Exploring Array Reception of the EO-1 Downlink

A new adaptive antenna array architecture for low-earth-orbit satellite ground stations has been investigated. These ground stations are intended to to have no or a minimum of moving parts and could potentially be operated in populated areas, where terrestrial interference is likely.

The architecture includes multiple, moderately directive phased arrays. The phased array technology considered in this project is the space-fed lens (SFL), which consists of a low-cost printed circuit forming the lens, and an arrangement of feed antennas on the focal surface. For this project, we considered electronic steering in elevation only, so the feed antennas were arranged on a focal arc. With each SFL steered in the approximate direction of the satellite, the SFL outputs are adaptively combined to enhance the signal-to-interference-plus-noise (SNIR) of the desired satellite. Parameters in the system design include the size of each SFL, the number of SFLs, and the number of feeds per SFL.

An additional benefit of the multi-feed architecture of the SFL, as well as lens-type antennas in general, is that more than one satellite can be tracked at a time. If two co-channel satellites are in the field of view of the SFL, then the illuminated feeds can jointly demodulated. If there is any crosstalk between the signals because of non-zero sidelobes of the SFL beam pattersn, then multiuser detection techniques can be employed to suppress the crosstalk. When the satellites are in the same band, this approach amounts to the application of space division multiple access (SDMA) to LEO satellites.

In Phase I of the project, fixed directional elements are adaptively combined in a prototype to demodulate the S-band downlink of the EO-1 satellite. This phase was reported in the paper entitled “Optimizing satellite communications with adaptive and phased array antennas.”

Two additional demonstrations were performed: one using an array of inflatable dish antennas and the other using a space-fed lens. Both demonstrations used the X-band transmissions of the SAC-C satellite. The inflatable dishes were mounted on a single planar frame, which was steered by a Mead positioner. The Mead positioner had a telescope in the center of the array, and its calibration for each pass was performed the evening before on selected stars. The purpose of the SFL demonstration was to show that our tracking system worked. The SFL pointing direction was calibrated using GPS coordinates of the SFL and of one of the prominent buildings in the Atlanta, Georgia skyline. Then the ephemeris provided by the Heavenscape software was used to program a microprocessor controller of a stepper motor (for azimuth steering) and a switch network (for elevation beam switching).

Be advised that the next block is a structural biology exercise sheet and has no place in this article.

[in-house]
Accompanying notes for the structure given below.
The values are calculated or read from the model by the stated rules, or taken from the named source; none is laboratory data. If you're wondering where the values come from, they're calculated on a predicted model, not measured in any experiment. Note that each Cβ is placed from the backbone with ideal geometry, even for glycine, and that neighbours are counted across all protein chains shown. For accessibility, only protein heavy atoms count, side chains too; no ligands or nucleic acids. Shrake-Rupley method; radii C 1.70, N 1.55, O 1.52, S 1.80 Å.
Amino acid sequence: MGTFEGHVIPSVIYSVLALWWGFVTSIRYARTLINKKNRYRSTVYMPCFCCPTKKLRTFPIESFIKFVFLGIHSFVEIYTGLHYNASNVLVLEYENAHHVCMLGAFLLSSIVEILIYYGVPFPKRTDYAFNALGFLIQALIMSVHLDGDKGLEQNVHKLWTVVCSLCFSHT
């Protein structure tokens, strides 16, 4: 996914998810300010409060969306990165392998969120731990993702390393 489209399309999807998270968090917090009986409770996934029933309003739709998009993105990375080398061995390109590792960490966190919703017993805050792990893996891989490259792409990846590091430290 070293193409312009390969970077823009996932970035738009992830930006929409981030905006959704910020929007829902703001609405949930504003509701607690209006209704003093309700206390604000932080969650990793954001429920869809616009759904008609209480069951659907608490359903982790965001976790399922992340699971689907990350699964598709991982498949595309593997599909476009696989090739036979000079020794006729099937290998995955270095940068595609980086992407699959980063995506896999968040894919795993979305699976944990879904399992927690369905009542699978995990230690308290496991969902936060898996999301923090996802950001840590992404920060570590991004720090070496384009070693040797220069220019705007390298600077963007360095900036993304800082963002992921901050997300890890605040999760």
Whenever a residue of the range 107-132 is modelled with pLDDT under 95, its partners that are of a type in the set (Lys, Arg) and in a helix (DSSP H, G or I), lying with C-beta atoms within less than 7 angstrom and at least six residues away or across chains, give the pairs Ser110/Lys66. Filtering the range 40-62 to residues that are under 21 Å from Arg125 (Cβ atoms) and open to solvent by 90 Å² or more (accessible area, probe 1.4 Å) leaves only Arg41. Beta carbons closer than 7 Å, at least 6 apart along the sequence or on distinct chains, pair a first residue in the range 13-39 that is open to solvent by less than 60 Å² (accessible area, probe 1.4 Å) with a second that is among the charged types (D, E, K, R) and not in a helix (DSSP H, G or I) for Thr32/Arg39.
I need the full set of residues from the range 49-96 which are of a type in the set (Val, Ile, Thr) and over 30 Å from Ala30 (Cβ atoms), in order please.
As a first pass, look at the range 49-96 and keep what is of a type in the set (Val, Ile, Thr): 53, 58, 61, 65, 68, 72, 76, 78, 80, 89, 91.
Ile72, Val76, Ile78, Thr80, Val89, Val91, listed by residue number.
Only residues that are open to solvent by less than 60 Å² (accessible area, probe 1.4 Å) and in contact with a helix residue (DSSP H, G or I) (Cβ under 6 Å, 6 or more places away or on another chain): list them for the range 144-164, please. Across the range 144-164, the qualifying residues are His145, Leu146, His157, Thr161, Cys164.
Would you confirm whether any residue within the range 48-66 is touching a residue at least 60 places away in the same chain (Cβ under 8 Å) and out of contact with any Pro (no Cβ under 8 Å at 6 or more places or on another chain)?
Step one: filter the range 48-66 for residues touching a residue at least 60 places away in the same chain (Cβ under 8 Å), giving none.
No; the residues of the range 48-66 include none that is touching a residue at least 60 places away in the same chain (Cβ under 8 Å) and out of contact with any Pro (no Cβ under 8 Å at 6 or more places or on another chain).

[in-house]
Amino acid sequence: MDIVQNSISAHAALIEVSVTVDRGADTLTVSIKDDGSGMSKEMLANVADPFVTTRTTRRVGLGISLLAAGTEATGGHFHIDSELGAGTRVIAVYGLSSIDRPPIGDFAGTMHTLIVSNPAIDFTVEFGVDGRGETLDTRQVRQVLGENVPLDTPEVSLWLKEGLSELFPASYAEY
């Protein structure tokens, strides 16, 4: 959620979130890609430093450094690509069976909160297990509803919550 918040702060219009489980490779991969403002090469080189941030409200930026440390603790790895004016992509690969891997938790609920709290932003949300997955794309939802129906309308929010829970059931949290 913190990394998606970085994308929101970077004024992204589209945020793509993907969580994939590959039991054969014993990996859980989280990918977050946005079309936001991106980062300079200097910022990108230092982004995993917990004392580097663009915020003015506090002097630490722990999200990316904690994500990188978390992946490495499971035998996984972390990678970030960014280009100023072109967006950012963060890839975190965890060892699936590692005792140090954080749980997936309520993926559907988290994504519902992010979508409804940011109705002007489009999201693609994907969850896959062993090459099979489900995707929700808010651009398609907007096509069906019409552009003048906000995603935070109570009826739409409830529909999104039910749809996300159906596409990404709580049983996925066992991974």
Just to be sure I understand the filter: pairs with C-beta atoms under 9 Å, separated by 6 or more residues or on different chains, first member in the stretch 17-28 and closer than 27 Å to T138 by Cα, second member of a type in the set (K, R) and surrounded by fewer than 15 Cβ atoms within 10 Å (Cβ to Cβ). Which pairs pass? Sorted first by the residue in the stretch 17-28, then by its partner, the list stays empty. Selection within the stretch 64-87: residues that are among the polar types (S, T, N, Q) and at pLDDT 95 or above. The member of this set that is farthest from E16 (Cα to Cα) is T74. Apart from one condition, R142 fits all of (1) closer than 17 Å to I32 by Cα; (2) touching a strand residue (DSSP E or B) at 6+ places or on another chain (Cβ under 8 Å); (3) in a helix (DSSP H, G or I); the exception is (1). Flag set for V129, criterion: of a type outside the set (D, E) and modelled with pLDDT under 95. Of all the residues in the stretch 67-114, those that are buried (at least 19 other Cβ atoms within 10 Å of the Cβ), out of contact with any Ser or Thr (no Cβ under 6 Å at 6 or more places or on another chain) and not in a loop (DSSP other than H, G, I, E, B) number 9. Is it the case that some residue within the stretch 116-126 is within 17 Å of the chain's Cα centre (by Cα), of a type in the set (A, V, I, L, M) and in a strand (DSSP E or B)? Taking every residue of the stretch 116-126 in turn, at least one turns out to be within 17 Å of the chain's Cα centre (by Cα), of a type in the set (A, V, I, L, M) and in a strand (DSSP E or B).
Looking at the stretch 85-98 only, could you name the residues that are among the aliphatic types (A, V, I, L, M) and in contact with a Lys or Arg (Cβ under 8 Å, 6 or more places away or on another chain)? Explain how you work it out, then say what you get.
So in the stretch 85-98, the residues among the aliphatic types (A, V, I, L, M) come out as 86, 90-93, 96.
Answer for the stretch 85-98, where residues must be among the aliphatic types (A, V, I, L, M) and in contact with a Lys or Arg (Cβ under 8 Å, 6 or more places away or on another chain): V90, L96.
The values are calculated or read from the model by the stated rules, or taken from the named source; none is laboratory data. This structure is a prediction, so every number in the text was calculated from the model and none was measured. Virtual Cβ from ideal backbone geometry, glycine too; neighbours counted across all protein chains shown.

To lower costs and reduce latency, a network of adaptive array ground stations, distributed across the United States, is considered for the downlink of a polar-orbiting low earth orbiting (LEO) satellite. Assuming the X-band 105 Mbps transmitter of NASA’s Earth Observing 1 (EO-1) satellite with a simple line-of-sight propagation model, the average daily download capacity in bits for a network of adaptive array ground stations is compared to that of a single 11 m dish in Poker Flats, Alaska. Each adaptive array ground station is assumed to have multiple steerable antennas, either mechanically steered dishes or phased arrays that are mechanically steered in azimuth and electronically steered in elevation. Phased array technologies that are being developed for this application are the space-fed lens (SFL) and the reflectarray. Optimization of the different boresight directions of the phased arrays within a ground station is shown to significantly increase capacity; for example, this optimization quadruples the capacity for a ground station with eight SFLs. Several networks comprising only two to three ground stations are shown to meet or exceed the capacity of the big dish. Cutting the data rate by half, which saves modem costs and increases the coverage area of each ground station, is shown to increase the average daily capacity of the network for some configurations.

Related Publications

  • W. C. Barott, M. A. Ingram, and P. G. Steffes, “Scan Loss Pattern Synthesis for Single- and Multi-satellite Tracking LEO Ground Stations That Use Adaptive Arrays,” accepted January 2009 to IEEE Transactions on Aerospace and Electronic Systems.
  • M.A. Ingram, R. Romanofsky, R.Q. Lee, F. Miranda, Z. Popovic, J. Langley, W.C. Barott, M.U. Ahmed, and D. Mandl, “Optimizing satellite communications with adaptive and phased array antennas,” Proc. 2004 Earth Science Technology Conference, Palo Alto, CA, June 22-24, 2004.
  • Mary Ann Ingram, William C. Barott, Zoya Popovic, Sébastien Rondineau, John Langley, Robert Romanofsky, Richard Q. Lee, Félix Miranda, Paul Steffes, and Dan Mandl, “LEO download capacity analysis for a network of adaptive array ground stations,2005 Earth-Sun System Technology Conference (ESTC 2005), Adelphi, Maryland, June 28 – 30, 2005.
  • Rondineau, S.; Dietlein, C.; Popovic, Z.; Lee, R.Q.; Miranda, F.A.; Romanofsky, R.R.; Ingram, M.A.; Barott, W.C.; Langley, J.; Mandl, D., “Ground Stations of Arrays to Increase the LEO Download Capacity,” 36th European Microwave Conference, pp. 874 – 877, 10-15 Sept. 2006.

Last revised on August 9, 2010.